As documented on Mapping Media Freedom, the safety of journalists is at risk more than ever across the EU member states and candidate countries. At the same time, the Italian State coordination system that monitors intimidation against journalists and decides on their protection measures is one of the good practices highlighted in the European Commission’s Recommendation on the Safety of Journalists. During the mission, the MFRR delegation will meet Ministry of the Interior officials engaged in analysing threats and protecting journalists. An official hearing is also scheduled at the Parliamentary Inquiry Anti-Mafia Commission to exchange views with Members of Parliament of the Subcommittee on Mafia, journalists and media. The delegation will also meet with journalists under threat in Campania, a region with a worryingly high number of reporters under police protection. This visit also serves the purpose of showing solidarity with a neglected area in Italy, where media, institutions and citizens are under pressure from organised crime and where local journalism is a bulwark of resistance and civil engagement.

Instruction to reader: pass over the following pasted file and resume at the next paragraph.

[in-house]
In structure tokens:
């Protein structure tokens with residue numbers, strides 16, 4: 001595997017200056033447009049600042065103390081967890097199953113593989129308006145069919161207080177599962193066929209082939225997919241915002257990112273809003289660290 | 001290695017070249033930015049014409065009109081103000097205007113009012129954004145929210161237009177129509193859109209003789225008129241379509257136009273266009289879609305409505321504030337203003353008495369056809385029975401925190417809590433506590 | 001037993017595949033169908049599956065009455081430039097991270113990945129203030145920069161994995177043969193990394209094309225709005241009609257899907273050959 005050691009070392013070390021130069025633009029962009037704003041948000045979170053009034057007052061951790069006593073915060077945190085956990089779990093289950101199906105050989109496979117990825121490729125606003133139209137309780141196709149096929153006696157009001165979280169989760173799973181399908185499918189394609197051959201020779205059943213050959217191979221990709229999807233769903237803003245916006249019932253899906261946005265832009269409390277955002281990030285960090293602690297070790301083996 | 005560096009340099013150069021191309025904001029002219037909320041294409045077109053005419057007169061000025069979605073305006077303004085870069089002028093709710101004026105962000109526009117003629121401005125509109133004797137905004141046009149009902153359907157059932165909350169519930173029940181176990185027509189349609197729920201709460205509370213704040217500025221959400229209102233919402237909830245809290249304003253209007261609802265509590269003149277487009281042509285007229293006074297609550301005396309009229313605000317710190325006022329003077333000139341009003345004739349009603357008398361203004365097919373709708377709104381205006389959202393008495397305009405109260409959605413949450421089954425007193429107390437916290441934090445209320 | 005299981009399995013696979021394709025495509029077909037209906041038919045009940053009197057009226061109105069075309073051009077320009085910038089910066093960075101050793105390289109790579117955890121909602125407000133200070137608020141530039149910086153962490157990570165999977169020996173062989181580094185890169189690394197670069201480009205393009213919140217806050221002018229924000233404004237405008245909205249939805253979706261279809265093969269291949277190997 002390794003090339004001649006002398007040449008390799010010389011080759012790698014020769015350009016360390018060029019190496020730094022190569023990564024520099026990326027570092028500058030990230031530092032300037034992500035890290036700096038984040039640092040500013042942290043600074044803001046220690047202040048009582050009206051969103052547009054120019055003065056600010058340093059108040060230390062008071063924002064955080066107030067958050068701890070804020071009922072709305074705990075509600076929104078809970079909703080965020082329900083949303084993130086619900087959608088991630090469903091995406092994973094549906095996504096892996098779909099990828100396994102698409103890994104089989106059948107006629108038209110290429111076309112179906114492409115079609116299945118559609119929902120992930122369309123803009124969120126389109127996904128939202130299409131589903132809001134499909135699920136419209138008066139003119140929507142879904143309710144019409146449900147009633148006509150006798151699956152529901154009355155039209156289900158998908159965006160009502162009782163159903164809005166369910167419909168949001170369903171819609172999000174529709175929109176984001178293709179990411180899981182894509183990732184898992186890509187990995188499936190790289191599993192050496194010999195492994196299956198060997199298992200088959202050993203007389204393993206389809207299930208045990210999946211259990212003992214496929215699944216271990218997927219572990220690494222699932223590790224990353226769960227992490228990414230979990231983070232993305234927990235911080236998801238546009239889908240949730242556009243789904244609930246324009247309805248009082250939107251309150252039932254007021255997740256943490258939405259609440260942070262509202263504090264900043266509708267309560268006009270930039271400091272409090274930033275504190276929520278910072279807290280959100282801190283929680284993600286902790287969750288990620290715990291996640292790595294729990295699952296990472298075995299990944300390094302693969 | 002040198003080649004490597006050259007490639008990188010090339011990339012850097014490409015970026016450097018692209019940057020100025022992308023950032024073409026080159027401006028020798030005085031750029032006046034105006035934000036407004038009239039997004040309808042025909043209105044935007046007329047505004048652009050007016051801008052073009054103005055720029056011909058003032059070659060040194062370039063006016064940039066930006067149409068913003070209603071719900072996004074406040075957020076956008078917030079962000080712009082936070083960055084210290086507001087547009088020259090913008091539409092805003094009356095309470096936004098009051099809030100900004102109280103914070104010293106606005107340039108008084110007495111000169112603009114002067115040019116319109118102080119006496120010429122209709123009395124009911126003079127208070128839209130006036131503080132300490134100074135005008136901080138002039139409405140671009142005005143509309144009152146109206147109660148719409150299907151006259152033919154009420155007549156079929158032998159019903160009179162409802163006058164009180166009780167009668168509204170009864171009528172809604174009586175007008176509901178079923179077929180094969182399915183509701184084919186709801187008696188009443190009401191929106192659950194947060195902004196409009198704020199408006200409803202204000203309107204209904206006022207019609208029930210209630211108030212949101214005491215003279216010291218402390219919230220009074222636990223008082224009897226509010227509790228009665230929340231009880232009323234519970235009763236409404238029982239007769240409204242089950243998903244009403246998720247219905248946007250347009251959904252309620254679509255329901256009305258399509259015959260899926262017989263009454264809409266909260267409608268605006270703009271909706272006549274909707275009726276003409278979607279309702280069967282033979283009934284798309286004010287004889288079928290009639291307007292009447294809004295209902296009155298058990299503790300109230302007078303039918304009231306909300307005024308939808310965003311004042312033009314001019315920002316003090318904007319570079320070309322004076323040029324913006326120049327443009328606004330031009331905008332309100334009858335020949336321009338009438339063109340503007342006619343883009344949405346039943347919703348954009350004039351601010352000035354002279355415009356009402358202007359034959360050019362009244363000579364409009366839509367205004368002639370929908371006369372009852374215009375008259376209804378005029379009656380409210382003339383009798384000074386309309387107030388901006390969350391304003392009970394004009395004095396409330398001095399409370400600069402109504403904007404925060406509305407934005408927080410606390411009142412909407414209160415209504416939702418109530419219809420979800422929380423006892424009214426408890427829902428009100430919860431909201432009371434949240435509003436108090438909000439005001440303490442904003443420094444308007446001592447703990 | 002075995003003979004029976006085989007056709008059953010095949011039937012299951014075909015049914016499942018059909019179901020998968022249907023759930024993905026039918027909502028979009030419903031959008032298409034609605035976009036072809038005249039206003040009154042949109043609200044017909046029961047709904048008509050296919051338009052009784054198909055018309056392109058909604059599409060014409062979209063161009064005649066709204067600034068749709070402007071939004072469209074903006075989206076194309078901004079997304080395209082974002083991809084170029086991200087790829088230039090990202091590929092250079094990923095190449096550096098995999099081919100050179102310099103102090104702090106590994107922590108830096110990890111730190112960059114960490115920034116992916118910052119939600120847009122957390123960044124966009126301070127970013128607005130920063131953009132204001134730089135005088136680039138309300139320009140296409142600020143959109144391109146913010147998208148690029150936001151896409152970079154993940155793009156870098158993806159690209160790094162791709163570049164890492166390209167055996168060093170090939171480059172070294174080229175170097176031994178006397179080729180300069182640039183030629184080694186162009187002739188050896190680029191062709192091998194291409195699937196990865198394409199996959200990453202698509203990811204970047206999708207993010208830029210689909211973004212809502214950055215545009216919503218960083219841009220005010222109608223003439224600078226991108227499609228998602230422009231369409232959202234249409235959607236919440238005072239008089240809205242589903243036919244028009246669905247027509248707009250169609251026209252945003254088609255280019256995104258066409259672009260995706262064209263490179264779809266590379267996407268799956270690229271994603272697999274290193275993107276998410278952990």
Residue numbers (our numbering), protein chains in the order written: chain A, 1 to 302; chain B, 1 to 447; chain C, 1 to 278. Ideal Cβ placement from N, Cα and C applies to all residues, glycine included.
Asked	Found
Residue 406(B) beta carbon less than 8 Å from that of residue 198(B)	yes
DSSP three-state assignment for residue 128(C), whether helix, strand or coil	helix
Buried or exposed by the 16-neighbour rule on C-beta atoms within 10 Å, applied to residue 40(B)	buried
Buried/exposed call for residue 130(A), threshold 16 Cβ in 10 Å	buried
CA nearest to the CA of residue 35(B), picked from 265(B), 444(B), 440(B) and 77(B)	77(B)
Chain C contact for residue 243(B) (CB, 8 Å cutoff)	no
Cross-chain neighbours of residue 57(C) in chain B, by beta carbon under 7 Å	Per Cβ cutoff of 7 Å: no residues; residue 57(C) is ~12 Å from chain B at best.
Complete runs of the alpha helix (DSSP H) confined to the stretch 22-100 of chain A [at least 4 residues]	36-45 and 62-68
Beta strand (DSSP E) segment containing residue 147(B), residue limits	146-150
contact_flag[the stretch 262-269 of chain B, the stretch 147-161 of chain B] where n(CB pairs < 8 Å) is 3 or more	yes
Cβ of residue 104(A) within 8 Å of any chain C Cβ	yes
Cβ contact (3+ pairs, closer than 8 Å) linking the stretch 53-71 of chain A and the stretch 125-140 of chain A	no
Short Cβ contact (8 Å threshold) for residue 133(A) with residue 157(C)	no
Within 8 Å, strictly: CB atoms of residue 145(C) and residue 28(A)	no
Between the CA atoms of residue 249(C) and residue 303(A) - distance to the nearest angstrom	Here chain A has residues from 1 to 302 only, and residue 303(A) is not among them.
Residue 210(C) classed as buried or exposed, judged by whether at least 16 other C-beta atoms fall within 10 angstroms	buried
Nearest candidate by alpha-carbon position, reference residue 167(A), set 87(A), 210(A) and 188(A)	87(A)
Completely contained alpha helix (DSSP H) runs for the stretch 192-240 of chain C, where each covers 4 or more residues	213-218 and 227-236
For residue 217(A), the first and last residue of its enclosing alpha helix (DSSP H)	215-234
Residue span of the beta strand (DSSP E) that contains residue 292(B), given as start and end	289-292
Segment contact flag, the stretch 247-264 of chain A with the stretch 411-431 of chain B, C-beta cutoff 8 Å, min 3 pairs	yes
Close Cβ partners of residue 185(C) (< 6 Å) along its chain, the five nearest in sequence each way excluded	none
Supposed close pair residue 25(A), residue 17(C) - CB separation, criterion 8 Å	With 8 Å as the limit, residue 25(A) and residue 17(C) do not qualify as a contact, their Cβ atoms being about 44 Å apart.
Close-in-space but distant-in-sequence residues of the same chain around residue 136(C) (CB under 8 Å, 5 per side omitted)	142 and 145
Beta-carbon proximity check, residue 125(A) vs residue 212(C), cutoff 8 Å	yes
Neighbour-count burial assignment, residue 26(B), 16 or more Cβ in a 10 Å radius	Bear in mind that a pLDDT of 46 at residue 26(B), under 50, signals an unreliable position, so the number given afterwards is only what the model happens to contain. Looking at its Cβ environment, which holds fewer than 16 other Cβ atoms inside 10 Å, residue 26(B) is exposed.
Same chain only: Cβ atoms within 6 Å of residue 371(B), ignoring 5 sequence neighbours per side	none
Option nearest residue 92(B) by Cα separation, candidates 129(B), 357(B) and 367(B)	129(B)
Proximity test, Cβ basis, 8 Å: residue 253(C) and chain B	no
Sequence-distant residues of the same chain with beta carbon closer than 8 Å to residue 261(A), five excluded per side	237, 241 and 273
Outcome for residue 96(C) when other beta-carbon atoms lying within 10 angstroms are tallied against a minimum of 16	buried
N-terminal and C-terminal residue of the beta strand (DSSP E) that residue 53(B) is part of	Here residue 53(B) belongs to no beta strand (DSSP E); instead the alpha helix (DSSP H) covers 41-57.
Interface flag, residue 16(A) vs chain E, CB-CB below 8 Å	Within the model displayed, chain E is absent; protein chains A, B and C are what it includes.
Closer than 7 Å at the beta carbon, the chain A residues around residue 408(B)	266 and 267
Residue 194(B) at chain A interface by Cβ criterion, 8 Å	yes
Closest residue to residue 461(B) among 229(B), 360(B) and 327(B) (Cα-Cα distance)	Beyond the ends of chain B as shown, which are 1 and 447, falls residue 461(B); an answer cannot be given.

The mission will also follow up on the two Constitutional Court decisions concerning the abolition of prison sentences for convictions of defamation through the press: both in 2020 and 2021, the Court invited the Parliament to legislate and find a balance between freedom of expression and the right to defend one’s reputation. This invitation has, however, not been actioned yet by Parliament. By meeting the judge rapporteur who wrote the decisions and Members of Parliament, the MFRR delegation will investigate why this is the case and what steps are planned towards realising such reform.